And that’s what the New York emcee has been doing for the better part of a decade. You all remember The Best Part, right? You know, the album with Pete Rock, DJ Premier, Prince Paul & 88 Keys all fighting to contribute? Thanks to a series of unfortunate circumstances too numerous to name here, the album, recorded in ’99, didn’t see light of day officially until 2001. No matter. By that point, it was already what many still call “the best hip-hop album you’ve never heard,” and what J-Live himself dubs “a talented, undrafted free agent on a really bad team.”
But that’s past tense and now is now. What we have here is Then What Happened?, the fourth full-length by J-Live and indisputably his most personal to date. Recorded between summer ’06 and December ’07, the emcee shunned the studio to record the entire album in his children’s bedroom in Harlem New York.
“I basically would put the laptop on the top bunk, take the mattresses off and use those as acoustic treatment, and throw a blanket over the frame of the bunk bed and call that the vocal booth,” says the emcee, DJ and producer. It’s a testament to the rapper’s technical skill that the final product is virtually indistinguishable from a professional studio.
“We not here now mainly to survive off rap/ We tryin’ to eat more healthy than that, so/ Not to tread water but to run laps/ But see my legs been crampin’ since the starter gun clap/ Not too many in the pool survive from that/ So I learn how to stretch to avoid those traps”
- The Upgrade
But let’s get to J-Live’s biggest strengths: his creativity, his honesty, and his ability to integrate myriad topics on one album. Having recently separated from his wife (chronicled here on “The Last Third,”) and relocated to Atlanta to be closer to his three kids, there’s no shortage of personal issues to discuss.
“There’s a lot of $#!t that I’m dealing with on this record that’ll bring tears of joy and tears of sorrow and I’m hoping to reflect that,” says the emcee. “I’m separated and I got three kids. That’s a difficult combination.”
But like any J-Live record, this is only one part of a multi-faceted album. Lyrically, the rapper touches on the changing nature of the music industry, his own successes and shortcomings (going so far as divulging his total album sales), hip-hop music in general and, if you thought he might be getting too soft, some of the most clever braggadocio rhymes since Big Daddy Kane. Regardless of the topic, though, what fans have come to expect from the rapper is devout honesty.
“There’s always a conflict with me as a writer in this craft of hip-hop,” admits J-Live. “You want to put your best foot forward and express yourself. Plus, you have a responsibility as an emcee to run $#!t and be the alpha male. But you walk a thin line between that and bearing your soul.”
For Then What Happened?, like The Best Part, the rapper brought in a slew of producers to find the perfect beat to fit the mood of each song, including Jazzy Jeff, Oddisee and Jurassic 5’s Numark. “Simmer Down”, J-Live’s declaration to just relax and not try to be hard, rides out over a slow, haunting beat. The song is inspired as the title suggests, by Bob Marley. On the other end, there’s “The Upgrade”, where J, De La Soul’s Posdnous and producer Oddisee spit over a cheery, soulful beat Dilla would be proud of. Hell, J’s not even afraid to spit in 6/8 time on “What You Holdin.”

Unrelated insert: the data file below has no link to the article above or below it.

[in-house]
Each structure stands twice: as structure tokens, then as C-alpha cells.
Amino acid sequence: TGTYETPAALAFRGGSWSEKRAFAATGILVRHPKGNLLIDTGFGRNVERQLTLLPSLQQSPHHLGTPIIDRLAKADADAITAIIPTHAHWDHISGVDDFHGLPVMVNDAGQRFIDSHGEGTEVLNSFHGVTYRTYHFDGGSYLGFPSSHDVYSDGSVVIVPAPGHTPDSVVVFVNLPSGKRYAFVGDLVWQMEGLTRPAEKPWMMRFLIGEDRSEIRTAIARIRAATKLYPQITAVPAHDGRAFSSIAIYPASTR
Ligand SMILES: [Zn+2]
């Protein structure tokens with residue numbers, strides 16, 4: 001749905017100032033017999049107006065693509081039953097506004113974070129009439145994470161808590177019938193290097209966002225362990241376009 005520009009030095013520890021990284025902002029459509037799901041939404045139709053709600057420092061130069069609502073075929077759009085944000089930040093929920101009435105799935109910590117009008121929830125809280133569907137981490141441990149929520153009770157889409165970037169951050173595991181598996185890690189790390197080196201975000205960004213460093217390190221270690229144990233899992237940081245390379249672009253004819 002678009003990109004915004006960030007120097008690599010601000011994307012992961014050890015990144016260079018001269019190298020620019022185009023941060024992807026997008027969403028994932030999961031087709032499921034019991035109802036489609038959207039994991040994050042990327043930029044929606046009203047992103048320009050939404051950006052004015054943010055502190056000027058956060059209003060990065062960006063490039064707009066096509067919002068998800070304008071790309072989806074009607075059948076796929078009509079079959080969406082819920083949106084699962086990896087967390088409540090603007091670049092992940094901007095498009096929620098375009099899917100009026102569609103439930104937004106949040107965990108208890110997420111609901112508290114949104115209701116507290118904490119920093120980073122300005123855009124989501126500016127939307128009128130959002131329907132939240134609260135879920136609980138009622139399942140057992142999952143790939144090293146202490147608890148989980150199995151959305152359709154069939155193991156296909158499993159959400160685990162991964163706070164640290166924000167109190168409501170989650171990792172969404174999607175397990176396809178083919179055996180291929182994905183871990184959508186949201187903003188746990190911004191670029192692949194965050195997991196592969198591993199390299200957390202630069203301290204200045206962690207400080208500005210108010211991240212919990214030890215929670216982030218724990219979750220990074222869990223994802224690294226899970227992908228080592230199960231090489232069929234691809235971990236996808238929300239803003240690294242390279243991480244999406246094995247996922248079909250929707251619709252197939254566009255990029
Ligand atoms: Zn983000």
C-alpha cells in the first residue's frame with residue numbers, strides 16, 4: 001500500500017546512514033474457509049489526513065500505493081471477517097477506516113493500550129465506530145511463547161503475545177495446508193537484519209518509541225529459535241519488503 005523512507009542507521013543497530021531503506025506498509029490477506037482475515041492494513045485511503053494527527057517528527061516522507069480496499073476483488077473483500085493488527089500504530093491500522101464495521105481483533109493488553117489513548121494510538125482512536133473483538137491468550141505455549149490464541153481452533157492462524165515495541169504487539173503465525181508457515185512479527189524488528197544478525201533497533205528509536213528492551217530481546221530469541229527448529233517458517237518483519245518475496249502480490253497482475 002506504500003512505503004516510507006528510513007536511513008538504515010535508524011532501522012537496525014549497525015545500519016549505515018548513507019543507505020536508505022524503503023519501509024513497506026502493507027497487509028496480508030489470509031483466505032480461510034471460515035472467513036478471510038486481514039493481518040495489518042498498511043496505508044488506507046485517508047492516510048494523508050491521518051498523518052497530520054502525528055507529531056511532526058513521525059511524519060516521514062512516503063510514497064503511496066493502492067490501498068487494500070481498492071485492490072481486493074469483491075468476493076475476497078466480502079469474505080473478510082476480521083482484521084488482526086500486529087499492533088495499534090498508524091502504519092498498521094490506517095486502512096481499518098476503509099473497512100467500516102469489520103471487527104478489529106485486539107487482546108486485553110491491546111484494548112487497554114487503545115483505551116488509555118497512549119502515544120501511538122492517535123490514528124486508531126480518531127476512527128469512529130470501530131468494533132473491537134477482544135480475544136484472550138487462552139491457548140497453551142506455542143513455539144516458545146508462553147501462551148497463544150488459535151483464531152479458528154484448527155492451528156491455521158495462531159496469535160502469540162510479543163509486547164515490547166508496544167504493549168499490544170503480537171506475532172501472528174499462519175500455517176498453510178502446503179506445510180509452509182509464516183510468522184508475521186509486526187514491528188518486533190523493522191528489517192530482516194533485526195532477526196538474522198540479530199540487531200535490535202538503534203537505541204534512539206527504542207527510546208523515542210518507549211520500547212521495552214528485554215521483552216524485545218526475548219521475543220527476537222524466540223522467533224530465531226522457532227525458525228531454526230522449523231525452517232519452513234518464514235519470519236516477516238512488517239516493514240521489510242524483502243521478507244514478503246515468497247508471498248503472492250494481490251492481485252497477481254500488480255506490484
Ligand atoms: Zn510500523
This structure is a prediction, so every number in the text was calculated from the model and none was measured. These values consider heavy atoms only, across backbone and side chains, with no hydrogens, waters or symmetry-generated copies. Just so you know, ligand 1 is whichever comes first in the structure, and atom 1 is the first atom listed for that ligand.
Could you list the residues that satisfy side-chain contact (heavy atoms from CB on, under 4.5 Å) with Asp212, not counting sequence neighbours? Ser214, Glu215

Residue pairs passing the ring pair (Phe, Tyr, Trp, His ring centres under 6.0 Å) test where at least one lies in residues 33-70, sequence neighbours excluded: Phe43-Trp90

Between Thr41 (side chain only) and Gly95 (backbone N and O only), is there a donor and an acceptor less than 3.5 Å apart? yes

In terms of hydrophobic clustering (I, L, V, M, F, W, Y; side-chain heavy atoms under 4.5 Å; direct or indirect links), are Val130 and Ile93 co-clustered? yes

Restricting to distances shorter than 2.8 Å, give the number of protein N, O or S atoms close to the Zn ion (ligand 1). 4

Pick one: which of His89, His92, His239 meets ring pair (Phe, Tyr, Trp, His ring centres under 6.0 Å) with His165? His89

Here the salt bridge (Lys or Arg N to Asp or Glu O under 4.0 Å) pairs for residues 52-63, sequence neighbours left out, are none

Whether the beats inspire the song concepts or vice versa, J-Live exercises strict quality control when it comes to beat selection. “I like to pick beats that have a story of their own,” he says. “If I wasn’t a writer, the beat should allow me to imagine what the song is about.”
“I rock $#!t like this to give ya flashbacks/ To when rap didn’t sounds like asscrack/ Back to when you was wack, you got laughed at/ Not souped up and jacked for your ASCAP”
- The Zone
As for the title, like all his album titles, Then What Happened? is derived from the lessons of the Five Percent Nation, of which J has been immersed since his late teens. But of course, like his lyrics, there’s always more than one meaning to a phrase.
“My album titles are little snippets from the 120 Lessons that are dear to me that I find are apropos to what’s going on in my life,” he explains. “Then What Happened? comes from a conversation that dealt with the slave trade. Now that we know happened, then what happened? Where are we as a people? What are we trying to do? And for me specifically in my life, you have these last three full-length albums to sit with and recognize my body of work. I have a niche. I have a fan base. I have a sound. So then what happened?”
On “It Don’t Stop,” J talks about hip-hop music and its progression/regression in recent years. It’s a song that speaks to “the people that say hip-hop is dead,” says J. “That hip-hop has nothing left to offer, that people who are still clinging to the ethics of old are purists, that there’s a detachment in generations between the Soulja Boys and Big Daddy Kanes of the world. It’s not to dis anything new. There’s plenty of room for that without trying to shelf and displace the old $#!t. Just because your beats invoke the sounds of the era we grew up listening to doesn’t mean it’s old school. It just means it’s a certain style.”
So this summer, one of hip-hop’s most underrated emcees drops his new album; an emcee simultaneously preserving the roots of the culture and pushing it forward. Hip-hop’s at a strange crossroads now and where it goes from here is up to you. The needle can only be moved one head at a time, so I’ll ask you personally...